that clears Ronnie -- evidence the state had all along and hid from
Ronnie's defense for 32 years.
Milwaukee, WI police told 17-year-old Alphonso that he could go home as
soon as he signed and initialed a statement he hadn't written and
couldn't read, he did as they told him to do. He didn't go
home. He went to prison for a murder he knew nothing about.
Twenty-three years later, Alphonso is still trying to get home, and his
supporters have formed Justice4James to help him get there.
Bloomington, IL gas station
attendant Bill Little was killed in a robbery on March 31, 1991.
In 1999, Jamie Snow and Susan Claycomb were charged with his murder and
robbery. Susan was acquitted, but Jamie was convicted and
sentenced to life in prison. Now, a former police officer who was
one of the first on the scene says the lone eyewitness could not have
seen Jamie as he testified he did.
HOW THE SYSTEM WORKS
The term "Fourth Estate" refers to the
press. Novelist Jeffrey Archer in his work The Fourth Estate made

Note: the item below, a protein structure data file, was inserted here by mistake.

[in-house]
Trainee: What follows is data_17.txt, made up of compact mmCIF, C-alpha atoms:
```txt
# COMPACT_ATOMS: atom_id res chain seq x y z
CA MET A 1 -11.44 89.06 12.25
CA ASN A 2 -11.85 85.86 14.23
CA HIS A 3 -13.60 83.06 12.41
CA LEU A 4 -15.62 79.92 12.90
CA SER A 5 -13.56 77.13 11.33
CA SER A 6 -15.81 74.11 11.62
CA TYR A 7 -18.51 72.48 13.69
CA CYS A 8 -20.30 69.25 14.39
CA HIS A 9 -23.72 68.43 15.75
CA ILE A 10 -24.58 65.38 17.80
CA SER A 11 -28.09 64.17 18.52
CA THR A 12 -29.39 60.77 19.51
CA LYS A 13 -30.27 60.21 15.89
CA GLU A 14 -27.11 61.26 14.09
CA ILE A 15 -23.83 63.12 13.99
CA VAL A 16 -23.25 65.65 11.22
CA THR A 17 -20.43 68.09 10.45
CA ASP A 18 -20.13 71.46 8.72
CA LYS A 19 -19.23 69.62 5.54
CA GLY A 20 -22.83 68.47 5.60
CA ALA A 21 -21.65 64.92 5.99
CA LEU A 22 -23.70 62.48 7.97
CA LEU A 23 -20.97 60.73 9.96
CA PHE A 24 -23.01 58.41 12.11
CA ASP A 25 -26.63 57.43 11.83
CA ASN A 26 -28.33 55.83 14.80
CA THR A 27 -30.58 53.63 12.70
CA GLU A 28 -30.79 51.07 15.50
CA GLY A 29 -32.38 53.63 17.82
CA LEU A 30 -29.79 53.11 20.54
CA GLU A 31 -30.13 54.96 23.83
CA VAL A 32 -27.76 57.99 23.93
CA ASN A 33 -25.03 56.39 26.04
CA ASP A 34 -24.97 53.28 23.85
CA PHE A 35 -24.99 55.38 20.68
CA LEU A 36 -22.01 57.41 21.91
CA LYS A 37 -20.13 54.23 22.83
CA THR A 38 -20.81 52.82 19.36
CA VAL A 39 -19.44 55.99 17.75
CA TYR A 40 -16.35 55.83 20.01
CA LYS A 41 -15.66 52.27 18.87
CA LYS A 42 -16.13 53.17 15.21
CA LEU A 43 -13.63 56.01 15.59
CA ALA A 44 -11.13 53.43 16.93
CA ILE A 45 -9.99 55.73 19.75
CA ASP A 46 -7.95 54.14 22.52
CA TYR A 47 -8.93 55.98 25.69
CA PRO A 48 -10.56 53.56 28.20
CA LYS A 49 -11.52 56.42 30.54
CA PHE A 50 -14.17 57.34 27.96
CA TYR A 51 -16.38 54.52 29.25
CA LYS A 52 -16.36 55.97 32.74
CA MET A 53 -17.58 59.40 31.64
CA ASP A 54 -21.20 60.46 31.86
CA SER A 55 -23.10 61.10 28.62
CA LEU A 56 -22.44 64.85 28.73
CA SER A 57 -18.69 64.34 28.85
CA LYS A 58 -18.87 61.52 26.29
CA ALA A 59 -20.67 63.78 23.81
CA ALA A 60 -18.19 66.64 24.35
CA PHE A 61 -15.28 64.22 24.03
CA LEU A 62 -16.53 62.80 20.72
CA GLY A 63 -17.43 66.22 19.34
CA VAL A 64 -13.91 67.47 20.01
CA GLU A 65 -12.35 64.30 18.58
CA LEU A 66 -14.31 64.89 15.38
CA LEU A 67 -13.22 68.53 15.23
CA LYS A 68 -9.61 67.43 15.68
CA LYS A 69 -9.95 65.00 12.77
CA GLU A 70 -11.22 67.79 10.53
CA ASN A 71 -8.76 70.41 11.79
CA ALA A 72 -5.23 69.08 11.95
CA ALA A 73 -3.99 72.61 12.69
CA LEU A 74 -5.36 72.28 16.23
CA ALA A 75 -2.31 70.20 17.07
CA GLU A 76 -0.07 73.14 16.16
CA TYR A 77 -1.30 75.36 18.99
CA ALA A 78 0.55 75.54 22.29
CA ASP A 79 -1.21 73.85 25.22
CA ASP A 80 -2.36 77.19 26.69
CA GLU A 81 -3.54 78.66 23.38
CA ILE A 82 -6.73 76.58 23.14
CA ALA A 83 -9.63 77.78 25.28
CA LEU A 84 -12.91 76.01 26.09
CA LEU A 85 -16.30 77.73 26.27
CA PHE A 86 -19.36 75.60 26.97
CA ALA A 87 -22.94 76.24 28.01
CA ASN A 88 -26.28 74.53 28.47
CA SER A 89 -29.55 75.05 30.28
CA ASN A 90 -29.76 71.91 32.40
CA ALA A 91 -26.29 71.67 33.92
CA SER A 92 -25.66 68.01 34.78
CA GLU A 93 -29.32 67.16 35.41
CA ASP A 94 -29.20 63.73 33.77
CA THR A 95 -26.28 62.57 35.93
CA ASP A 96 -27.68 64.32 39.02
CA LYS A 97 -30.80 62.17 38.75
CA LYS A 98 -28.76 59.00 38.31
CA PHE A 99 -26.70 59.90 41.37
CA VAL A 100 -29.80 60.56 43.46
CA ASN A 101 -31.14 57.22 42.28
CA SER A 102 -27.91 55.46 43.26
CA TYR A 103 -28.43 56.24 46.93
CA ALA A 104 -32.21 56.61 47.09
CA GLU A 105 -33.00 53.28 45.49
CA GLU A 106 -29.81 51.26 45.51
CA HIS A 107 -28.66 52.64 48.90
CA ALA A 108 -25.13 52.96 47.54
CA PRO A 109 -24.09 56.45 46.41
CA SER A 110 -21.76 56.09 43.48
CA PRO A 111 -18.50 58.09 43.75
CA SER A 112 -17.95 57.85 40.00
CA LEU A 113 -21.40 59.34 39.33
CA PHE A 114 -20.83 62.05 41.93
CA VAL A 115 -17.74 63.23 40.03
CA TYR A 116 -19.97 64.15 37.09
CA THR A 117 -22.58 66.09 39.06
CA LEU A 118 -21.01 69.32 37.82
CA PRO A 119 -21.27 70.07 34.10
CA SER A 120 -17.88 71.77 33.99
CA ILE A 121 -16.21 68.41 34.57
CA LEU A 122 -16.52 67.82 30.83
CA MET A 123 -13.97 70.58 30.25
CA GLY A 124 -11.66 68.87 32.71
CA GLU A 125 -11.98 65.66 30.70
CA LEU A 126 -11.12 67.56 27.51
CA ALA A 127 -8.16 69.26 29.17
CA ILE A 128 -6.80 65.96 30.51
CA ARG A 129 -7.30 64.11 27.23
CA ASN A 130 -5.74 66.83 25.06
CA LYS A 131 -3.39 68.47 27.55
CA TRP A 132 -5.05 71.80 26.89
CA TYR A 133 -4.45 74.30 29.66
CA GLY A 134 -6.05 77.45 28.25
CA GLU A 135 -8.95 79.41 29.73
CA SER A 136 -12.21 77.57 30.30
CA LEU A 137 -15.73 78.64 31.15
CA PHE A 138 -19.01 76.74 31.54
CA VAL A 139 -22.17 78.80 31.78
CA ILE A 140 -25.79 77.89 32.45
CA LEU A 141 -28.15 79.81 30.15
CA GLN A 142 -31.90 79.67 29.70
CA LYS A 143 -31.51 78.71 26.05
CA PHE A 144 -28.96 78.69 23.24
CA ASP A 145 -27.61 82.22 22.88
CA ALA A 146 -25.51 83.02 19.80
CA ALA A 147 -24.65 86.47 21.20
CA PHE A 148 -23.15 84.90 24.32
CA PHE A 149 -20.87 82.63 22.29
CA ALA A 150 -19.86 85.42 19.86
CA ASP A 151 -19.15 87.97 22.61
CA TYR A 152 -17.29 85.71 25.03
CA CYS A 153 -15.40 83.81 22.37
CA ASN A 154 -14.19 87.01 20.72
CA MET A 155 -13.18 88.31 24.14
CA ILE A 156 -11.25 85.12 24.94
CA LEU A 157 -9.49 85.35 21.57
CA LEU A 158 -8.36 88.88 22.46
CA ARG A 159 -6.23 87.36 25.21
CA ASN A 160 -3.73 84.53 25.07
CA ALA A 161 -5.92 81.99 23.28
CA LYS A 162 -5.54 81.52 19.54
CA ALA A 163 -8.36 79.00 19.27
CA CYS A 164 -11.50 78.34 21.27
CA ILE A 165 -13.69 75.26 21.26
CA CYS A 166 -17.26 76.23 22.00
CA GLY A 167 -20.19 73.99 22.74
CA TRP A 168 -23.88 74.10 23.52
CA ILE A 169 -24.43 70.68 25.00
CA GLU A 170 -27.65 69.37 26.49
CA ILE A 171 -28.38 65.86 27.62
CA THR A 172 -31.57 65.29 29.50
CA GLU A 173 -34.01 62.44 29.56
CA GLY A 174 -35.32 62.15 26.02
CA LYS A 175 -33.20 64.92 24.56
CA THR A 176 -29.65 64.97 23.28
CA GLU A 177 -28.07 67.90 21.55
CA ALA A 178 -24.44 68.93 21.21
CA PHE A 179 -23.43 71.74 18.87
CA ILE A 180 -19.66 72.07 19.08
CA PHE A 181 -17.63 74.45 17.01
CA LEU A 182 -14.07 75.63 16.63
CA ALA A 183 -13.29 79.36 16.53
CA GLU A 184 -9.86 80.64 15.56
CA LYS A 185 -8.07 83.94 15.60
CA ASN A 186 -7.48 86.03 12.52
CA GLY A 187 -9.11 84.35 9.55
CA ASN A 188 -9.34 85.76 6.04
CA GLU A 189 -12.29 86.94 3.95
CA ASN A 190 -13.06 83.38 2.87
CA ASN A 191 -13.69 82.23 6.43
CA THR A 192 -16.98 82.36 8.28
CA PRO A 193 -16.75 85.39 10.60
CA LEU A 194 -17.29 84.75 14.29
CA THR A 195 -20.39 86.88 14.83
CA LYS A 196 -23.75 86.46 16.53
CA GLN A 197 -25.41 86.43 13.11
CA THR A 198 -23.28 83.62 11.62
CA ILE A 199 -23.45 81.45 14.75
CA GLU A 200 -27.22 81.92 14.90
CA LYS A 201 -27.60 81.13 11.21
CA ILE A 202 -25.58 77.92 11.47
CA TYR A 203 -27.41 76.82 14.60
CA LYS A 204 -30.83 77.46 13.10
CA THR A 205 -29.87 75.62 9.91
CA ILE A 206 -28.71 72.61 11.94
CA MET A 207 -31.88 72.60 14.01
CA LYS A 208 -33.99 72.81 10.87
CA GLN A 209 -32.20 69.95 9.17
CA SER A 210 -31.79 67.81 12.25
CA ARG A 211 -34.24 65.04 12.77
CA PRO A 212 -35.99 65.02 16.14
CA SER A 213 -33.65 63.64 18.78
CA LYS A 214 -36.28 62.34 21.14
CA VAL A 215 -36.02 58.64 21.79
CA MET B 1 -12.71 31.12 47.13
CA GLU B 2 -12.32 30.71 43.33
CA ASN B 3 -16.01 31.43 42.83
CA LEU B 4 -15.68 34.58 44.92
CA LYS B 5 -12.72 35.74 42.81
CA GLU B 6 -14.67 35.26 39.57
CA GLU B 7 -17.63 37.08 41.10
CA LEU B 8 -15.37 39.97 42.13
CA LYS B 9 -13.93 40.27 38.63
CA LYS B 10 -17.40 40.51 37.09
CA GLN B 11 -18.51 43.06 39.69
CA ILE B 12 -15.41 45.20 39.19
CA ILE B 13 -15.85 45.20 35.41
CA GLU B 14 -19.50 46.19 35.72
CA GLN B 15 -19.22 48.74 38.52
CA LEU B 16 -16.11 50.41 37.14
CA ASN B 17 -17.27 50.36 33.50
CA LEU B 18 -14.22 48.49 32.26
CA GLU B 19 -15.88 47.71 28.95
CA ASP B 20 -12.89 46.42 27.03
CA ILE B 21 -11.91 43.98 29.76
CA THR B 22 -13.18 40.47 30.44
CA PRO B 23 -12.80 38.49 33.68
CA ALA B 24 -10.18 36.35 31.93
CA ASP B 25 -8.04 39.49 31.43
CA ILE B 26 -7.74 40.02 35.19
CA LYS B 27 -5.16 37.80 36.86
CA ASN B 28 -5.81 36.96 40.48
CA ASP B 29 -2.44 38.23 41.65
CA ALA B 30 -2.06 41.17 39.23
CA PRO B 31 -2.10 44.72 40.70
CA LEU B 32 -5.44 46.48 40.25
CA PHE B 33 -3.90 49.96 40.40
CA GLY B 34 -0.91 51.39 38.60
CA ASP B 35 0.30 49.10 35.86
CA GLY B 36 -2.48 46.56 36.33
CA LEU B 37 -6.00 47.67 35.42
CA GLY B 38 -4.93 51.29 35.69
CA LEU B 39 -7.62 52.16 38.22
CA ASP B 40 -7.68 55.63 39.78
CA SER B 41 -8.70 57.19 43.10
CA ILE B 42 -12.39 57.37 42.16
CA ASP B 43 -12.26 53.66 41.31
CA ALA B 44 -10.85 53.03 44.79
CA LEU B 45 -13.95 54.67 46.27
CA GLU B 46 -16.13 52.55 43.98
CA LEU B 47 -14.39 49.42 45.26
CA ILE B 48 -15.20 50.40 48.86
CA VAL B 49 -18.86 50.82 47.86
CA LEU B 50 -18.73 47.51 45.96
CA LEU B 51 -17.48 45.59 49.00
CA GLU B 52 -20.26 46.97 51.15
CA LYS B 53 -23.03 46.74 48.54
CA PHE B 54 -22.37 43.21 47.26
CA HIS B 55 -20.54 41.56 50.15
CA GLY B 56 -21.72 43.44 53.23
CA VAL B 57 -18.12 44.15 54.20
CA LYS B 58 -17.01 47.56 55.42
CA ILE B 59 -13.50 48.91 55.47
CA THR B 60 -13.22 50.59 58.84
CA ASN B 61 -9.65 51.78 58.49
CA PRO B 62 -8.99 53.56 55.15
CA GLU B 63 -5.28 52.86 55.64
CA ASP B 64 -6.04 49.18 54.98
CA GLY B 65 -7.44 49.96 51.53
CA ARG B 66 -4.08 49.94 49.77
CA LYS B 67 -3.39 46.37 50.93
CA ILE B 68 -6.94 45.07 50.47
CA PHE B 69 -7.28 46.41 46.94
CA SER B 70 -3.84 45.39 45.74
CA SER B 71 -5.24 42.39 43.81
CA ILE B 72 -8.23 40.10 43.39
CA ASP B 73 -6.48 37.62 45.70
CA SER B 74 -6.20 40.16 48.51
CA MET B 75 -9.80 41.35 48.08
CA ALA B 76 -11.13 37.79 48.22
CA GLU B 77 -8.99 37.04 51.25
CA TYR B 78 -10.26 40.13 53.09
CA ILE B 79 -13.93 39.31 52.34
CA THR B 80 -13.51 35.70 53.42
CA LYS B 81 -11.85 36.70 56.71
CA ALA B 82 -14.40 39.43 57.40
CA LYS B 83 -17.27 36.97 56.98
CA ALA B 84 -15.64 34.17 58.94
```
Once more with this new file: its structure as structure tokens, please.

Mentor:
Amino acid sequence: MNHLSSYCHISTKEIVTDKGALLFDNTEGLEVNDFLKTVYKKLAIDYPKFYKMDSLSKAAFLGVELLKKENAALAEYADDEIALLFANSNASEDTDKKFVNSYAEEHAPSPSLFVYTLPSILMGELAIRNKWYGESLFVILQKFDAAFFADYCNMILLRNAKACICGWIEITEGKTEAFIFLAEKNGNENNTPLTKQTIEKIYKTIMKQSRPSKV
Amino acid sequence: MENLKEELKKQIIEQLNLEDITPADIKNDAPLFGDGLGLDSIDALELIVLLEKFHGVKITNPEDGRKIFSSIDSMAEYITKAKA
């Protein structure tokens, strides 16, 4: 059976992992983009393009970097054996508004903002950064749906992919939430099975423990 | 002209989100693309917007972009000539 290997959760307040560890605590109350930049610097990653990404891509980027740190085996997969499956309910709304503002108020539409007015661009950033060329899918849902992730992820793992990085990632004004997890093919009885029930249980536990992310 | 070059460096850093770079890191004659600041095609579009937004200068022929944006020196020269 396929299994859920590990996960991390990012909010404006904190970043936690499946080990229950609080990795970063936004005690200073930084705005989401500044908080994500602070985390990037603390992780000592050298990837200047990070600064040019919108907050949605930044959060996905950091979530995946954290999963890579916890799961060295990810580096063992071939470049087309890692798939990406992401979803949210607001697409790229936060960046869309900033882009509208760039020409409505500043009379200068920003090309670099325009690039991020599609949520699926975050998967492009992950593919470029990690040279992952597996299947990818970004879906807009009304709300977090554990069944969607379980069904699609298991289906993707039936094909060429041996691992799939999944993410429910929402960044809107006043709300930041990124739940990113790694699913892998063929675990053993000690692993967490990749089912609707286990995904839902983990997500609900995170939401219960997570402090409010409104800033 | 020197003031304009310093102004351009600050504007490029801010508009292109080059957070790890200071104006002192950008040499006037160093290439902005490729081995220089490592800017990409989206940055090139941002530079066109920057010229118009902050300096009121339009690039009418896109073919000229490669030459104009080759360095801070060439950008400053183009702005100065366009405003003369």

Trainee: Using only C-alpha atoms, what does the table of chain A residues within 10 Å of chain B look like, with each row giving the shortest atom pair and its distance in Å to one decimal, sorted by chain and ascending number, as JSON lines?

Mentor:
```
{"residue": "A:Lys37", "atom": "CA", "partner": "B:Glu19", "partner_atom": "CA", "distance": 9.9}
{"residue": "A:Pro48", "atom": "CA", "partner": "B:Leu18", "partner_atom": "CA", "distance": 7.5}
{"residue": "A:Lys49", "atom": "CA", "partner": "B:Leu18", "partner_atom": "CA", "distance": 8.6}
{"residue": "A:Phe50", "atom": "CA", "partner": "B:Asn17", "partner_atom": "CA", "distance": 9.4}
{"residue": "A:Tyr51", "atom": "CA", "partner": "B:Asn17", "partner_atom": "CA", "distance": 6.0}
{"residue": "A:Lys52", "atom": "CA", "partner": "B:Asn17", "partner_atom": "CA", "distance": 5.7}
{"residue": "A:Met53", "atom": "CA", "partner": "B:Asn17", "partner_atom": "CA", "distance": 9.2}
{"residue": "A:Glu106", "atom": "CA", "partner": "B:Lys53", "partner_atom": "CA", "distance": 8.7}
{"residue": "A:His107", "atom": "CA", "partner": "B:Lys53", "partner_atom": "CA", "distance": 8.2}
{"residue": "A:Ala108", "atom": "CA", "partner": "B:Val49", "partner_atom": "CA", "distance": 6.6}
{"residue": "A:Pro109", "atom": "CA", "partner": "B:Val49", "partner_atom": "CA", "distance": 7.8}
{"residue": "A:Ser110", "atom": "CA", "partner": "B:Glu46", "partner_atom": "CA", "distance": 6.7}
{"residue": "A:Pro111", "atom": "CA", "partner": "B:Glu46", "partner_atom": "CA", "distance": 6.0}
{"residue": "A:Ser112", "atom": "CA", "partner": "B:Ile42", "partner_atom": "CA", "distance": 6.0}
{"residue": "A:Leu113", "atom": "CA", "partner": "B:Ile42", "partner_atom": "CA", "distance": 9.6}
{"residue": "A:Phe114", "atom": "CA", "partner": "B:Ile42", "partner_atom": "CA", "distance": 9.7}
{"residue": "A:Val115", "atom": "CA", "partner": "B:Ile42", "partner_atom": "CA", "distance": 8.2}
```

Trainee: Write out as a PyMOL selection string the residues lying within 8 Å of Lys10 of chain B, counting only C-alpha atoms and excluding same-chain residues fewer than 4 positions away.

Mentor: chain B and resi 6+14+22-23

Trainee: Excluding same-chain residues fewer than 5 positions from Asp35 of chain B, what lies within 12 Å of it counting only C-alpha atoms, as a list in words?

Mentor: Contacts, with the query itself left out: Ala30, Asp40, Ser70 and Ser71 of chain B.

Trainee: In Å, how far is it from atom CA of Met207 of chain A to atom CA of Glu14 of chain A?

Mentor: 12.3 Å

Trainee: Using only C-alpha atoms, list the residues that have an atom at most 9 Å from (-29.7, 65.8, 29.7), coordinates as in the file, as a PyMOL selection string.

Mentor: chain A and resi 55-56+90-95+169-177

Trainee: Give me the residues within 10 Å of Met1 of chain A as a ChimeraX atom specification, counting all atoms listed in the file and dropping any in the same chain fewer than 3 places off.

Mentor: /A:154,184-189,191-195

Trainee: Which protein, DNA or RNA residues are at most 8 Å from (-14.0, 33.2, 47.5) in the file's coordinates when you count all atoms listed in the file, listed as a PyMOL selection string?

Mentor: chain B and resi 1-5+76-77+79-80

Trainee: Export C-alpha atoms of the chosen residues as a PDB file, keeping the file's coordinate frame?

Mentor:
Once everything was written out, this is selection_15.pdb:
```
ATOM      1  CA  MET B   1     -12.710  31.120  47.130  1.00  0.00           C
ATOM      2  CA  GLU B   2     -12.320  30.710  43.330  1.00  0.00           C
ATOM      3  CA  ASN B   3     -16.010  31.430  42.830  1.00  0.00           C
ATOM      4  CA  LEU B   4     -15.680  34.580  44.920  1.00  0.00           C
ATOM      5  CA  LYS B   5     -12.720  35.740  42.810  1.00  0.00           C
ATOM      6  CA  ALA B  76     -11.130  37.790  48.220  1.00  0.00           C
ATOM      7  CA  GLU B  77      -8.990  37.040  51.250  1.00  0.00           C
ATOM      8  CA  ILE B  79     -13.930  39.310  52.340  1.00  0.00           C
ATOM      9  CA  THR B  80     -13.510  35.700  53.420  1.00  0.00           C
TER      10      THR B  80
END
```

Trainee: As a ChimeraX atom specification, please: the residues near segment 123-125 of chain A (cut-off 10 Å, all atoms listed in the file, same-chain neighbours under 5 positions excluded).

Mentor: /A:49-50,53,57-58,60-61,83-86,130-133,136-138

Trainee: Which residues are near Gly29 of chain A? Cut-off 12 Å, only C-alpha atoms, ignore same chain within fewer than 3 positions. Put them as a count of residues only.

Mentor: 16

the observation: "In May 1789, Louis XVI summoned to Versailles a full
meeting of the 'Estates General'. The First Estate consisted of three
hundred clergy. The Second Estate, three hundred nobles. The Third
Estate, six hundred commoners. Some years later, after the French
Revolution, Edmund Burke, looking up at the Press Gallery of the House
of Commons, said, 'Yonder sits the Fourth Estate, and they are more
important than them all.'"
We agree. The
press are our eyes and ears, our consciences, compassion and common
sense. And we agree with journalist Steve Weinberg
that better journalism about crime and punishment is a simple
prescription for reducing wrongful convictions. Innocent Until
Allegations of Child Abuse
|North Carolina. An
all-white jury in Concord, NC convicted Ronnie Long of the rape of a
prominent white widow -- the wife of a Cannon Mills executive -- in
1976, a crime Ronnie has always denied committing. His conviction
was based on the victim's eyewitness identification of Ronnie.
Now staff and attorneys with the NC Center on Actual Innocence have
uncovered laboratory evidence that clears Ronnie -- evidence the state